12 November 2011

What's it like to be really cold?

Living in Cambodia does not offer many opportunities for our students to experience what it is like to be really cold, in the way that people who live in places like Canada or the Snowy Mountains or Alaska experience for several months of the year. On Tuesday this week both classes of Grade 4 students had the chance to experience a little of what it's like to be in a frosty environment. We took everyone who was at school this week to visit the Diamond Island Ice Sculpture Show. It was a great opportunity for these children to experience what it would be like to live in a much colder place. OK, so we were there for less than an hour, but it still gave them a taste of being really cold (as opposed to what they think is cold, like when it gets below 25ÂșC). The children had great fun enjoying the ice slides (and so did the teachers). This was definitely a fun field trip. We'll have an experience to refer to now when we discuss those cold biomes later in the year.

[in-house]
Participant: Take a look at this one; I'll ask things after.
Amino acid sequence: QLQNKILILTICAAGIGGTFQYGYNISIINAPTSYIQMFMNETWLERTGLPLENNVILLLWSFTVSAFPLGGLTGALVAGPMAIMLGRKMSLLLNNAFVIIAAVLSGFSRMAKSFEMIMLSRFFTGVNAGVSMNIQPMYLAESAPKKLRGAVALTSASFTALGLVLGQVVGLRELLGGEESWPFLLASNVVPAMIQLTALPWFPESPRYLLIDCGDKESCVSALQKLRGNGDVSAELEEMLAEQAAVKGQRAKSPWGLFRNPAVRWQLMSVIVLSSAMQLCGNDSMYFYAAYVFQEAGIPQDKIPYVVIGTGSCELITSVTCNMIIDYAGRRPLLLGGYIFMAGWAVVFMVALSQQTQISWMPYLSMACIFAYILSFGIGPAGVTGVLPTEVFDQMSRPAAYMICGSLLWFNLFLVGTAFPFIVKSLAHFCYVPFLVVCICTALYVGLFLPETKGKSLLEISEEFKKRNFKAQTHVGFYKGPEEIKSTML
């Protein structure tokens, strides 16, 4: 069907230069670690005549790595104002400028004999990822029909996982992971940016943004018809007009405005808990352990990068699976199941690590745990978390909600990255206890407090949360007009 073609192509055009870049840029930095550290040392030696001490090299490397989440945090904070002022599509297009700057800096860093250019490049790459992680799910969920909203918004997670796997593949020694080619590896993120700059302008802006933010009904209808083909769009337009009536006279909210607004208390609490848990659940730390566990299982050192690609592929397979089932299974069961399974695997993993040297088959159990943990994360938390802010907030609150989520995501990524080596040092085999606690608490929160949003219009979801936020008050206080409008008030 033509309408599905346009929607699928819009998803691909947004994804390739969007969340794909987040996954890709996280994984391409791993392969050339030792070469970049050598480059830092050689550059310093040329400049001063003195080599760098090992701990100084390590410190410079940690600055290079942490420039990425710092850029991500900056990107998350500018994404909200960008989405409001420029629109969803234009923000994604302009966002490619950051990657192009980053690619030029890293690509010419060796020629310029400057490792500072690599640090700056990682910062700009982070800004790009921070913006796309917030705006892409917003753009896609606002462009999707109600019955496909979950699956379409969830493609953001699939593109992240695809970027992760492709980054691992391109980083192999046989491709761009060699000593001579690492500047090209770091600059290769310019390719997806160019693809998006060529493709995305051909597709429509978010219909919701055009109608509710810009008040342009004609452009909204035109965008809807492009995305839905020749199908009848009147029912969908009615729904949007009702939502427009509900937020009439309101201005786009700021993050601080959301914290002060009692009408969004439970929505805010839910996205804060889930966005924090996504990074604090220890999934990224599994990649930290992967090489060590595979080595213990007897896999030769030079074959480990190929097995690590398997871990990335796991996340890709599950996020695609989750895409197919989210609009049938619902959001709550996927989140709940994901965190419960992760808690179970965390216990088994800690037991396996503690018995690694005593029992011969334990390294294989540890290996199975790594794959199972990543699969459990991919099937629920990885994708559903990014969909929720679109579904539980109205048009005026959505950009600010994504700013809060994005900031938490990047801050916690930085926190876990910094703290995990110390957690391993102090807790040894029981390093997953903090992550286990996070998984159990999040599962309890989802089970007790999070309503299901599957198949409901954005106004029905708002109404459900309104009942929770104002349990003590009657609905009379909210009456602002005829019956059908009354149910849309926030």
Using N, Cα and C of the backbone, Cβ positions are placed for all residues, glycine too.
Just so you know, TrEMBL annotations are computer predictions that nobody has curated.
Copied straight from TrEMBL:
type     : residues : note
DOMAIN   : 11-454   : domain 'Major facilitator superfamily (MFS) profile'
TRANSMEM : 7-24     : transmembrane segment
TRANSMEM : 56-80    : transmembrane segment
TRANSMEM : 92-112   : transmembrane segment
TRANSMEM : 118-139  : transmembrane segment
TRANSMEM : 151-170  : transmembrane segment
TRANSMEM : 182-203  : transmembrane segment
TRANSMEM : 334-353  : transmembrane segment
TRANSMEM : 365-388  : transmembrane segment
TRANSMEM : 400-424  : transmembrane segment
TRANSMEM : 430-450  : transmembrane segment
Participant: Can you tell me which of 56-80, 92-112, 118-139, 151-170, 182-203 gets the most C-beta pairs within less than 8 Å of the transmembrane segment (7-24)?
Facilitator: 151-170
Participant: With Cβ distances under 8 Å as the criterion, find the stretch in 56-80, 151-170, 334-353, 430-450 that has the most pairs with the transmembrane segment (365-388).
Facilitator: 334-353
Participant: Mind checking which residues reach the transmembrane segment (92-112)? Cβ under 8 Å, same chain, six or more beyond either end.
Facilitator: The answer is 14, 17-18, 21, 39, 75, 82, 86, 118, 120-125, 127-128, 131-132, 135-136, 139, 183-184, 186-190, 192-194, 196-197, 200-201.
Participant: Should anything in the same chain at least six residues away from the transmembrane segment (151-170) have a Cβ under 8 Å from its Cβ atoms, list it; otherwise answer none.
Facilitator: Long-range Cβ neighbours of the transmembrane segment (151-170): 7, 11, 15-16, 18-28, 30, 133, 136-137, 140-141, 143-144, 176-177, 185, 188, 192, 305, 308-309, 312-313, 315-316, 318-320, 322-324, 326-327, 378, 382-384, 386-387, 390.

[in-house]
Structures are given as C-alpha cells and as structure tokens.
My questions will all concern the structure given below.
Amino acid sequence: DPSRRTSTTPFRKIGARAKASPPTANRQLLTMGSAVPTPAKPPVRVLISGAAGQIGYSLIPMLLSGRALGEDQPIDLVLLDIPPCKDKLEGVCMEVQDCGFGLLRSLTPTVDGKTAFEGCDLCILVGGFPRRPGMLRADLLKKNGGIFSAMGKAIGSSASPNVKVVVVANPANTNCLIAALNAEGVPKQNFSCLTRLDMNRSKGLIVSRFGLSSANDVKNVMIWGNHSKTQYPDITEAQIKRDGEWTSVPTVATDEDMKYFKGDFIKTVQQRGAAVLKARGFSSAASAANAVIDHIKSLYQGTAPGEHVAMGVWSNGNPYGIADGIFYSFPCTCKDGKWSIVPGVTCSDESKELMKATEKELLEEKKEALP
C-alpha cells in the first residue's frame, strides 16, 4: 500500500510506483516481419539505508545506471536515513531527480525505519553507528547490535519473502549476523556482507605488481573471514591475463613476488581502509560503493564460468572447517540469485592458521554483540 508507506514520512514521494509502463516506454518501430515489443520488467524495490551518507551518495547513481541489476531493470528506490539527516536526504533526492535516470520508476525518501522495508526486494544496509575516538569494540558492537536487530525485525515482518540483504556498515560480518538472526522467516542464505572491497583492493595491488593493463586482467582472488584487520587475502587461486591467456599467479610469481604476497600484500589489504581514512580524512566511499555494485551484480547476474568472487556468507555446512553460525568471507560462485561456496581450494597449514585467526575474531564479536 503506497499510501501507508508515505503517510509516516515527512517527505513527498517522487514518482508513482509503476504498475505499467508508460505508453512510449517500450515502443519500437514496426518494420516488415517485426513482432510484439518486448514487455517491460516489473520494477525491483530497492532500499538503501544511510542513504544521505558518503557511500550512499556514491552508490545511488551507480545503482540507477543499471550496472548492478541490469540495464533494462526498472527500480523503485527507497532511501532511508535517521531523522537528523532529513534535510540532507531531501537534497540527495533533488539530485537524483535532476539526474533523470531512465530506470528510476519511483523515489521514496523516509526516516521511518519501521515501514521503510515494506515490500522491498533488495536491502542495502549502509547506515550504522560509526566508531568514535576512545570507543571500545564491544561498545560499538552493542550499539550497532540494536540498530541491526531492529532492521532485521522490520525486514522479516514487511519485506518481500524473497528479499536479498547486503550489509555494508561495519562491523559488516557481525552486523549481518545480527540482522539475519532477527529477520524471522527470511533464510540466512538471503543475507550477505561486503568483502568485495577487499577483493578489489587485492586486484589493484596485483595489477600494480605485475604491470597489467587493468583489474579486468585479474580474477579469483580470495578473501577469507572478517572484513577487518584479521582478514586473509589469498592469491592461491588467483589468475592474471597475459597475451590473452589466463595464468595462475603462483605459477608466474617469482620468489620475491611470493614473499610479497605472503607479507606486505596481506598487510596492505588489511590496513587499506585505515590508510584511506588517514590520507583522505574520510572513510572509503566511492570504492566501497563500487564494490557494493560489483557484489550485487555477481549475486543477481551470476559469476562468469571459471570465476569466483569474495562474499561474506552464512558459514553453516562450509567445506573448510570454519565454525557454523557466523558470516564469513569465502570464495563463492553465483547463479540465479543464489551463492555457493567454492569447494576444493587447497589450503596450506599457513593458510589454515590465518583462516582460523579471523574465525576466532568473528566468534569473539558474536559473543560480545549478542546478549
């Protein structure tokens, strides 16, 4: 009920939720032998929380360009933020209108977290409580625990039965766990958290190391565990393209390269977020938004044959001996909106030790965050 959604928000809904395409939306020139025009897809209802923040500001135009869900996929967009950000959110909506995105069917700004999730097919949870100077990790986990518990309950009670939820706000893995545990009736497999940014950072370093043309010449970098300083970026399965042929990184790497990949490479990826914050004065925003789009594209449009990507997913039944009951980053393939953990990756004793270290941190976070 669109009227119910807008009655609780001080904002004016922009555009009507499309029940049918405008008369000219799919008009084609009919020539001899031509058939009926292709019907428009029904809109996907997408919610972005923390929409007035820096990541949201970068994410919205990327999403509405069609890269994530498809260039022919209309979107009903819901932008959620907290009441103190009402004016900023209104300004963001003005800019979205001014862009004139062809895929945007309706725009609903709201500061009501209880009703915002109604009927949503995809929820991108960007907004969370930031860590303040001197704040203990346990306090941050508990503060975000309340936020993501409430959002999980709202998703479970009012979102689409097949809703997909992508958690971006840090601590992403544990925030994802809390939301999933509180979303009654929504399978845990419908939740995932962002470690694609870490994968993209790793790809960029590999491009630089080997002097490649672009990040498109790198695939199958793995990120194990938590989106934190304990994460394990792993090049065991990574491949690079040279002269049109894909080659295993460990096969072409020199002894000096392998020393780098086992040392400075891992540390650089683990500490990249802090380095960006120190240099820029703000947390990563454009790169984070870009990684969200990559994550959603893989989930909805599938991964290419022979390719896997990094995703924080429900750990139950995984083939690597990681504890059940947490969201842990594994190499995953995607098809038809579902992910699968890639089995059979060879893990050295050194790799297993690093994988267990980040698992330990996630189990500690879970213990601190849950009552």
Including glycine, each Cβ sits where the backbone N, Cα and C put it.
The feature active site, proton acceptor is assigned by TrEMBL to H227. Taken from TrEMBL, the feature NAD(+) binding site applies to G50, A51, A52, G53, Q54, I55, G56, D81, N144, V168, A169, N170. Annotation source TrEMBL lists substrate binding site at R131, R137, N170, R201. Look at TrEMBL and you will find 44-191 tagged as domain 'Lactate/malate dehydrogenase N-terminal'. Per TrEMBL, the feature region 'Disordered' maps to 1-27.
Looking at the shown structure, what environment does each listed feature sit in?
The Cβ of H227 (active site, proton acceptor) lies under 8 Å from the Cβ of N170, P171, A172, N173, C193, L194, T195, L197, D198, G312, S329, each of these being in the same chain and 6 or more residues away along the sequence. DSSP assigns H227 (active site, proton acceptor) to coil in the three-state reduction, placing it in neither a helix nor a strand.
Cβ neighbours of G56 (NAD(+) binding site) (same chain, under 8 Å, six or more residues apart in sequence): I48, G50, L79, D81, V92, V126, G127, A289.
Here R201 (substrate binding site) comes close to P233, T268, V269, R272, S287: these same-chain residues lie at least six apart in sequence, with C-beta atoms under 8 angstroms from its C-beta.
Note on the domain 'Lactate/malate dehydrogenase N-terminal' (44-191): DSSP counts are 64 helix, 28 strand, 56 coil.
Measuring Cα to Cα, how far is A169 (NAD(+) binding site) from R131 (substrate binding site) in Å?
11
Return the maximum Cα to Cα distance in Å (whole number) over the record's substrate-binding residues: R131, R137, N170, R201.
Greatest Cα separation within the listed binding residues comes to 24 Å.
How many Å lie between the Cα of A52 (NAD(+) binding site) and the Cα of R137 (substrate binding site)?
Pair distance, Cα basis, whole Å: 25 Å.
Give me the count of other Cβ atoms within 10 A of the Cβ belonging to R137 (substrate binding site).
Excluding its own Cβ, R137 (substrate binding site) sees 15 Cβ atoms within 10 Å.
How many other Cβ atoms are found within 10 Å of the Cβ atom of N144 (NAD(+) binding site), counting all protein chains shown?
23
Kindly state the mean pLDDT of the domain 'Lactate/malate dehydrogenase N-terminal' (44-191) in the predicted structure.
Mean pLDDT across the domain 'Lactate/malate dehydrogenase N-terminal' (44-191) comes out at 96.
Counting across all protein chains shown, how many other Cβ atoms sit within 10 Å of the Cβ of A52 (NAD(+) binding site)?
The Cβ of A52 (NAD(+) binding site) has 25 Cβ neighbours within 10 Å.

All snuggled up in our warm jackets.
Double Fun
Watch out! You're about to get bumped!

Friends sliding together

This fellow didn't have long trousers, but it didn't stop him having a great time.

Riding the ice train!
My awesome TA. This was a first for him too.
The other Grade 4 teacher with one of her students.
Yep, I got in on the action too. This time with one of my students.

Book Butterfly Posters